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Engagement Strategy: (Stand, Share and Sit):

Engagement Strategy: (Stand, Share and Sit): iconEngagement Strategy: (Stand, Share and Sit):title

adult participants talking while sitting and standing around large round tables
 
Sometimes students sit idle for long periods of time. Consider this strategy when you may be doing a lecture. Not only does this get the blood flowing but also this strategy gets students listening ...more
Engagement Strategy (Different Colored-Text)

Engagement Strategy (Different Colored-Text) iconEngagement Strategy (Different Colored-Text)title

 
Instead of reading out loud to students change the color of the text. This helps students not be idle during long periods of times. The teacher then reads one font color and the entire class reads the other color font. 
Engagement Strategy: (Call and Response):

Engagement Strategy: (Call and Response): iconEngagement Strategy: (Call and Response):title

The purpose of these is to build resilience in students. You have to build grit, perseverance. It is easy to give up if students don’t have hope. The purpose of these is so that auditory learners ...more
Real-World Cafe

Real-World Cafe iconReal-World Cafetitle

Word Bank

Word Bank iconWord Banktitle

 
When you give students a writing task give them a word bank.  Tell them to see how many of the vocabulary words they can use in their response.  Have students express their thinking, make a personal connection, contextualize their learning, and be metacognitive about what they learn. Click HERE for a list of grade-appropriate words.
Note Taking Using Layering, and Philosophical Chairs:

Note Taking Using Layering, and Philosophical Chairs: iconNote Taking Using Layering, and Philosophical Chairs:title

  • Create a T-chart

  • On one side have students write negative comments about the article and on the other side positive.  Tell students as they read they are writing both positives and negatives.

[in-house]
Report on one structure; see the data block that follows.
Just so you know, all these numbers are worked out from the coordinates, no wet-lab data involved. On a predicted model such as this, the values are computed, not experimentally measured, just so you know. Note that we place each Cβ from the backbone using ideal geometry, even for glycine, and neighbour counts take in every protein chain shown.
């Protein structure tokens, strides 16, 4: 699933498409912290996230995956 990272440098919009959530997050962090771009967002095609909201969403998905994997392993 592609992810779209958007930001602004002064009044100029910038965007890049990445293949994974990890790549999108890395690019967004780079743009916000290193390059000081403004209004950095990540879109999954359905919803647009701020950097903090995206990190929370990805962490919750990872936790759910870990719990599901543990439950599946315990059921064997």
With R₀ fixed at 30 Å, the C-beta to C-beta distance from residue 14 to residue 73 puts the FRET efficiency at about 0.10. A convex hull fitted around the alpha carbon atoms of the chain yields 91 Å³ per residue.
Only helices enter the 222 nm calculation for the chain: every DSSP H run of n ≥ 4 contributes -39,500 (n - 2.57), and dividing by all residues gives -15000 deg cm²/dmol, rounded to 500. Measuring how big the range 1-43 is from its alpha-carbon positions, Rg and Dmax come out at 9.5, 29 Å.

• Take turns sharing and the rest of the group will add new information that is shared on their notes.  If someone offers a similar idea then they can check that same idea.

  • Next do “Philosophical chairs” by giving students a question and then lining them up facing each other by based on their viewpoint.  Each child can take turn using sentence frames to agree or disagree with the arguments.
Philosophical Chairs

Philosophical Chairs iconPhilosophical Chairstitle

Frayer Model

Frayer Model iconFrayer Modeltitle

 
Click HERE to learn more about the Frayer Model
Collaborative Groups:

Collaborative Groups: iconCollaborative Groups:title

 
  1. Have Partner A read a paragraph and then both students summarize the paragraph in 1 sentence.  Each partner reads their sentence to each other and students compare both sentences to each other.  Partner B then reads the next paragraph.  

  2. Partner A shares their summary and then Partner B repeats everything back that they said.  Then Partner B shares and then Partner A repeats back everything that was said.
Students Learn In Different Ways

Students Learn In Different Ways iconStudents Learn In Different Waystitle

 
Click HERE for an assessment of students' learning styles.
"4 Corners"

"4 Corners"title

Pose a question to students.  Instead of speaking with their elbow partners have them “Jot down some ideas” and then have them go to a corner in the room to share with a group.  Let students know which corner is assigned to them.  Have students change their answer as they hear new information from their peers.  Students come back to their group and then they can all stand.  After they share students can then sit down one at a time with their group.  

This is an important strategy because it increases comprehension as well as gets students moving around the room so that they don’t sit idle for long periods of time.